Leaving Bozeman we headed north to a small town (Basin) about thirty miles south of Helena for a ten day stay.
One day we drove south to the town of Butte, Montana, pop 5,700. Butte was once known as the “richest hill on earth” because of the mineral wealth that made hundreds of men wealthy and gave jobs to thousands and thousands of immigrants. While gold and silver brought the first wealth to the area, it was copper that helped it earn its nickname. It produced more than 20 billion pounds of copper, more than any other in the United States. Due to the demand for copper during the industrial revolution, Butte had electricity before NYC and other major cities. At the turn of the century it was the richest and largest city in the northwest. By 1955 most of the high grade copper was gone so they turned to extracting ore, with 48 billion dollars worth of ore extracted. As of 2017, Butte has the largest population of Irish Americans per capita of any city in the United States.
Just outside of Butte we stopped at an overlook to get a geocache and noticed “Our Lady of the Rockies”, a 90 foot high statue of the Virgin Mary which sits on the Continental Divide and overlooks the town. It is a nondenominational tribute to motherhood that took six years to build and was airlifted into place in 1985. It is the third tallest statue in the United States.
Our main reason for coming to Butte was to hike on the Milwaukee Road Rail-Trail, a former railroad for the former Chicago, Milwaukee and St Paul Railroad which was converted to a walking and biking trail. This section of the railroad was one of the first in the country to be electrified, with Thomas Edison coming out to Butte to ride the railroad.
The trail includes two tunnels and a trestle and is 9.5 miles round trip. We made it to the two tunnels and then walked back for a total of five miles. We were tired!
Another day we drove north from our campground to Helena, the capital of Montana, pop 28,000. If you follow our blogs you know that visiting and touring capitol buildings is always on our list of things to do. Montana became a state and Helena, became the capital in 1889.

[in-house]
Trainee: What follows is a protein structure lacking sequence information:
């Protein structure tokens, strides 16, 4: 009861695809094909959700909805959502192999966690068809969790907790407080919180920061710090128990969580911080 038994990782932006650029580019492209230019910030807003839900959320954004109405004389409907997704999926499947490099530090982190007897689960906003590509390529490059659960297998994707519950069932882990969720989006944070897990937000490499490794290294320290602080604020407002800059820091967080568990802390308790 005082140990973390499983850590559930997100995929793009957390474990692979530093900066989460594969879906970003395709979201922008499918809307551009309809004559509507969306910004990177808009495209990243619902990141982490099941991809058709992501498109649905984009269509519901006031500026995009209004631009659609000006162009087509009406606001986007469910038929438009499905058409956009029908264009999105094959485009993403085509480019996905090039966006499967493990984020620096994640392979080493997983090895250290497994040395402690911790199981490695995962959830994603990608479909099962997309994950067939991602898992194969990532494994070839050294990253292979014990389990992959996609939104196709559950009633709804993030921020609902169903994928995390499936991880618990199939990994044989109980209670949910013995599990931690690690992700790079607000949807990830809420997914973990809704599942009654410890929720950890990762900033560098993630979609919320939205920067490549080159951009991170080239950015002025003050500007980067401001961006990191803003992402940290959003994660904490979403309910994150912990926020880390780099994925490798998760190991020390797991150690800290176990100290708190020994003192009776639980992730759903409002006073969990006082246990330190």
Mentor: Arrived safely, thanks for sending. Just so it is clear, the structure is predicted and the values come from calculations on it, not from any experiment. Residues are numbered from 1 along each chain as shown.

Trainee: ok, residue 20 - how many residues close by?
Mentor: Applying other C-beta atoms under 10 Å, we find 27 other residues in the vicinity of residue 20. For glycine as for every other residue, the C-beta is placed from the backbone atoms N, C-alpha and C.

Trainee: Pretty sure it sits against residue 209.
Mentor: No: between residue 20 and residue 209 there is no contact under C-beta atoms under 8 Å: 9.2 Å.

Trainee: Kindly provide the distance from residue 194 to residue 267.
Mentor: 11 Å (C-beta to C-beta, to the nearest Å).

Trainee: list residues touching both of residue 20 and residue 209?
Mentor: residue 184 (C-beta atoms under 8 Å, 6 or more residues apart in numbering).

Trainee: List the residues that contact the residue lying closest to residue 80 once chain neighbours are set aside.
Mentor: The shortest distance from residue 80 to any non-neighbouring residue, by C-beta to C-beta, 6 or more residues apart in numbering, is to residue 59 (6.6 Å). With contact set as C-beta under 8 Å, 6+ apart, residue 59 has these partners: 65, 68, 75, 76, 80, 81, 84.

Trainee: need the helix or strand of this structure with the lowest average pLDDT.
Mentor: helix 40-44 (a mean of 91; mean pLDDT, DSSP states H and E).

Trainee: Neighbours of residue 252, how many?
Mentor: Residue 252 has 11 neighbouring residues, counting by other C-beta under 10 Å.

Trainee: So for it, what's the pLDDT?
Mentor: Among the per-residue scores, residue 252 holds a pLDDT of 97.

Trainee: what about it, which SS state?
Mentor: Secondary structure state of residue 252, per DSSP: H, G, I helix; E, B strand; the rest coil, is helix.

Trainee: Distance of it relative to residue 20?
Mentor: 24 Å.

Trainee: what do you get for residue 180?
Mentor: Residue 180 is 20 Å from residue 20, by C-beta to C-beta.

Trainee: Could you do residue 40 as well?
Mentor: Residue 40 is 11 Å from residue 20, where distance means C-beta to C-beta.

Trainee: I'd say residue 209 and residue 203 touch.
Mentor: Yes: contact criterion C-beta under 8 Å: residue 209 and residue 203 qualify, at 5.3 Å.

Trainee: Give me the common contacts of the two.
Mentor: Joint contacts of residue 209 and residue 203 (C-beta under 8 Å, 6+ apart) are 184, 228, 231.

In 1864 four tired and discouraged prospectors looking for gold stumbled down a gulch and decided to take one last chance to strike gold. On their last chance they hit gold and a town flourished. The area became known as “Last Chance Gulch”. Today that area is Helena’s main street. The gold rush lasted long enough for 3.6 billion dollars (in today’s dollars) of gold to be extracted from Last Chance Gulch over two decades, making it one of the wealthiest cities in the United States by the late 19th century. This wealth is evident by the grand Victorian mansions we saw today. By 1888 about fifty millionaires lived in Helena, more per capita than in any city in the world. Today the majority of people in Helena are Irish and Catholic. It is the fifth least populous state capital in the United States and the sixth most populous city in Montana. By the way, in the late 1970s when repairs were being made to a bank, a vein of gold was found under the bank’s foundation. Actor Gary Cooper, actress Myrna Loy and fashion designer Liz Claiborne are from Helena.
After the train tour we did a self guided tour of the capitol building. The guided tours were canceled because of the pandemic and the capitol building was very quiet. Even the security desk was empty.
This painting represents the Lewis and Clark Expedition in July 1805 arrival at the Three Forks (headwaters of the Missouri River). Sacagawea’s recognition of her people’s hunting grounds from which she had been abducted five years earlier. Clark (at left) and Lewis flank Sacagawea; to the right is her husband, interpreter Toussaint Charbonneau. At the far left are explorer John Colter and Clark’s African American slave, York.
On September 8, 1883, at Gold Creek (approximately half way between Helena and Missoula). Former president Ulysses S. Grant wields the sledgehammer that he will use to drive the last spike for Northern Pacific Railroad.
Jeannette Rankin (1880–1973) became the first woman to serve in the United States Congress in 1916.
Next up: Great Falls, Montana